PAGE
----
A New York magistrate judge has said that the government can’t compel Apple to unlock an iPhone involved in a criminal investigation.
In a ruling filed today, Judge James Orenstein has said that he must “reject the government’s interpretation that the [All Writs Act] empowers a court to grant any relief not outright prohibited by law.” This decision is the latest development in a months-long case that may serve as a precursor to the iPhone maker’s larger confrontation with the FBI.
This is not the more public case involving San Bernardino shooter Syed Farook’s device, but it’s similar in many ways and may inform that battle. Now that one judge has ruled that the government can not use the All Writs Act to compel a company to act against its own wishes, it could establish a legal precedent that Apple can use in its own defense. This decision comes just one day before Apple and the FBI are set to appear in front of Congress to make their arguments.
Investigators were seeking the information contained on an iPhone 5s belonging to Jun Feng, who entered a guilty plea for drug and conspiracy charges back in October. Despite the conviction, the government still wants to get into the phone. Both Apple and prosecutors urged a decision on this matter.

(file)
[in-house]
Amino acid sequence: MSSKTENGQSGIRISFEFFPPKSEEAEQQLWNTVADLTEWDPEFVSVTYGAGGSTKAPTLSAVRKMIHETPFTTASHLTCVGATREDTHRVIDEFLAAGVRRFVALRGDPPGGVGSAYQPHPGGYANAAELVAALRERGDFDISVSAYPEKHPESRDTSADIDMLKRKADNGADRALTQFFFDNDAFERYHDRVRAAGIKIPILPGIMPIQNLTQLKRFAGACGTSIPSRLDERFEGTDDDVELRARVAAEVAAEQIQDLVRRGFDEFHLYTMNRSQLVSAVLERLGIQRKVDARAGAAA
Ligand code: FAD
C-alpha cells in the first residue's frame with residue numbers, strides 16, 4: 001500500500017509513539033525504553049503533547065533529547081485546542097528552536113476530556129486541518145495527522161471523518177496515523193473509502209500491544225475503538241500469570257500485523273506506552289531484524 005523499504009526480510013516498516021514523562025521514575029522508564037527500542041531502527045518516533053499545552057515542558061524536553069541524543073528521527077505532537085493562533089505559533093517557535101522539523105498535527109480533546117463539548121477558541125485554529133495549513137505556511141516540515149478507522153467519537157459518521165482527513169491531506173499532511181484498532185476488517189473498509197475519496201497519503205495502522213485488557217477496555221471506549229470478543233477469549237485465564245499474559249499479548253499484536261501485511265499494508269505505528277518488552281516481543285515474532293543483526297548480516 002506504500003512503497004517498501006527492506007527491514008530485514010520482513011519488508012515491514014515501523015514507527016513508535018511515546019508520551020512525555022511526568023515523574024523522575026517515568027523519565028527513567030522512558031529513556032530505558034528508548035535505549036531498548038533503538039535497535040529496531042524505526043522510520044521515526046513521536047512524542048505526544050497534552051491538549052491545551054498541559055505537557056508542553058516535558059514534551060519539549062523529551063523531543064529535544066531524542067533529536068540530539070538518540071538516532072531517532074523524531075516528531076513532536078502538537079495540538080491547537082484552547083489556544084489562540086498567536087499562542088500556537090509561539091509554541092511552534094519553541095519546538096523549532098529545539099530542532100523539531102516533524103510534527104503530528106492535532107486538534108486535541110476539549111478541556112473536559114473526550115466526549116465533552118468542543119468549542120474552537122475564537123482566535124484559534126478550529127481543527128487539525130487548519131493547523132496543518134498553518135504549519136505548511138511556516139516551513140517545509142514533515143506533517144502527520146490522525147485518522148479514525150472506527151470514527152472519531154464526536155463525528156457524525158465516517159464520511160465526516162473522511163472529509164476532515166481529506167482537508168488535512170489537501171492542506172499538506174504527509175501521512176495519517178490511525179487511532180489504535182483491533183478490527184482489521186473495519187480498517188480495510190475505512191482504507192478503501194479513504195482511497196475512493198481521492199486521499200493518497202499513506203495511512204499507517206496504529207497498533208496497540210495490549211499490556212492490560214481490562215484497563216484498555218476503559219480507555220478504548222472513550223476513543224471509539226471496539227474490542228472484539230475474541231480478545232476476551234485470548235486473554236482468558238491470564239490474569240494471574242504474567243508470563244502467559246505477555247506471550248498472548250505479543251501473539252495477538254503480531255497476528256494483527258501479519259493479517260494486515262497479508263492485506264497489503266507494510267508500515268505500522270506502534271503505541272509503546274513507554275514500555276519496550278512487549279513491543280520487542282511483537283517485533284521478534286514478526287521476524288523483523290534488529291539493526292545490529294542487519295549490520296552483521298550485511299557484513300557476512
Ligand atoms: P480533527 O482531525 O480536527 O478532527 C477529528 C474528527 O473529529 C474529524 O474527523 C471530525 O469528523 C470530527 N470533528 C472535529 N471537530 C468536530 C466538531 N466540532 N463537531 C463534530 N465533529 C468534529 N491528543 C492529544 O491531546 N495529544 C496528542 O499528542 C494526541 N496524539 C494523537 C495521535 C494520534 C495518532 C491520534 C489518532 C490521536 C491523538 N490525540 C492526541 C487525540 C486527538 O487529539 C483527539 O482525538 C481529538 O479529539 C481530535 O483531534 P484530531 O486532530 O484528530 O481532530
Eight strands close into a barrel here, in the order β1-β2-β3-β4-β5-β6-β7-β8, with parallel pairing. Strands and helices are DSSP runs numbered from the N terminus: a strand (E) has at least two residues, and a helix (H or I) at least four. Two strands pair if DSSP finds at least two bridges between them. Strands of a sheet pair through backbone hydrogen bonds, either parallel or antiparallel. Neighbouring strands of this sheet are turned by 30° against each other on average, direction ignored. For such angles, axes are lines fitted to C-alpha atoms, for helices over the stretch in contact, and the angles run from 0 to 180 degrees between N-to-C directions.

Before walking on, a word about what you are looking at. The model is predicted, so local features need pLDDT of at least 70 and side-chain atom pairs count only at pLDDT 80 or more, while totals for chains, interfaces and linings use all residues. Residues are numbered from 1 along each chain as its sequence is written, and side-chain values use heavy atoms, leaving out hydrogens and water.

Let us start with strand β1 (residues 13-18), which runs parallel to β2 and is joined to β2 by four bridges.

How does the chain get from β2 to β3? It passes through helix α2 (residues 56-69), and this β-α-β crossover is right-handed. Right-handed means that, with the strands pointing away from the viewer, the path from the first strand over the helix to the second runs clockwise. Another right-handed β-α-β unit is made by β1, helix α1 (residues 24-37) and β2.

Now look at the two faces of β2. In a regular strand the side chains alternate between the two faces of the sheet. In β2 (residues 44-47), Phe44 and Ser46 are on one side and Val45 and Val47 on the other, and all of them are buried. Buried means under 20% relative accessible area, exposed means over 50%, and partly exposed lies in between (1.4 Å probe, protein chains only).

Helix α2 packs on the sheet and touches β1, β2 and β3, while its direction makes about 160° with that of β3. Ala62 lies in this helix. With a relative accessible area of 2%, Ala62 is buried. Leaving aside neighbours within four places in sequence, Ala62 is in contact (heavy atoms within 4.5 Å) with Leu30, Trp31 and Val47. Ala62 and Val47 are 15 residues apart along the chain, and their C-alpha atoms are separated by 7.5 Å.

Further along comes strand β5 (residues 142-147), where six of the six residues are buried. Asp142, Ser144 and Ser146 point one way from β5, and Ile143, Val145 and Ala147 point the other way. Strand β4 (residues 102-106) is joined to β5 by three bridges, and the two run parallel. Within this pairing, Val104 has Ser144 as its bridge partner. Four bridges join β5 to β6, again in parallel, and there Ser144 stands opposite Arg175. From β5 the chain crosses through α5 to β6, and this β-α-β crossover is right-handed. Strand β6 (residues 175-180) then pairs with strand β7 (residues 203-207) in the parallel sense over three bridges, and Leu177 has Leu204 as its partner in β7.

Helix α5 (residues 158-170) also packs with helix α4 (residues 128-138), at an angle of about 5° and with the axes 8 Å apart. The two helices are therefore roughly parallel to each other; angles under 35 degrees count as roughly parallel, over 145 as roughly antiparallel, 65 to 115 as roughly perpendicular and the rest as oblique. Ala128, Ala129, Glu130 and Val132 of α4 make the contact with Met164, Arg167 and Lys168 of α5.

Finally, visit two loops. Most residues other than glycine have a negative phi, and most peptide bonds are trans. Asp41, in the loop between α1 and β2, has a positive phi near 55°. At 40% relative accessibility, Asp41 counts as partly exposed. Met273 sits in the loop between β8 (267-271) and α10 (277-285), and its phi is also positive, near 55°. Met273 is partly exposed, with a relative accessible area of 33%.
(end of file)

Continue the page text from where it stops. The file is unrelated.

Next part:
Judge Orenstein’s interesting 50-page decision sides with Apple, saying that while he agrees with the government’s assertion that the contents of the phone are still relevant despite the defendant’s guilty plea,
Apple is not doing anything to keep law enforcement agents from conducting their investigation. Apple has not conspired with Feng to make the data on his device inaccessible.
[. . .]
Indeed, the government’s complaint is precisely that Apple is doing nothing at all. If Feng had not engaged the passcode security on his device, or if the government had been able to secure an order compelling Feng to unlock the phone on pain of contempt sanctions, the government might well be in a position to seize the iPhone’s data without Apple’s assistance.
So in this case, at least, Apple can refuse to unlock iPhones at the behest of the government under the All Writs Act. Whether or not that translates to its case against the FBI remains to be seen, but it probably doesn’t hurt.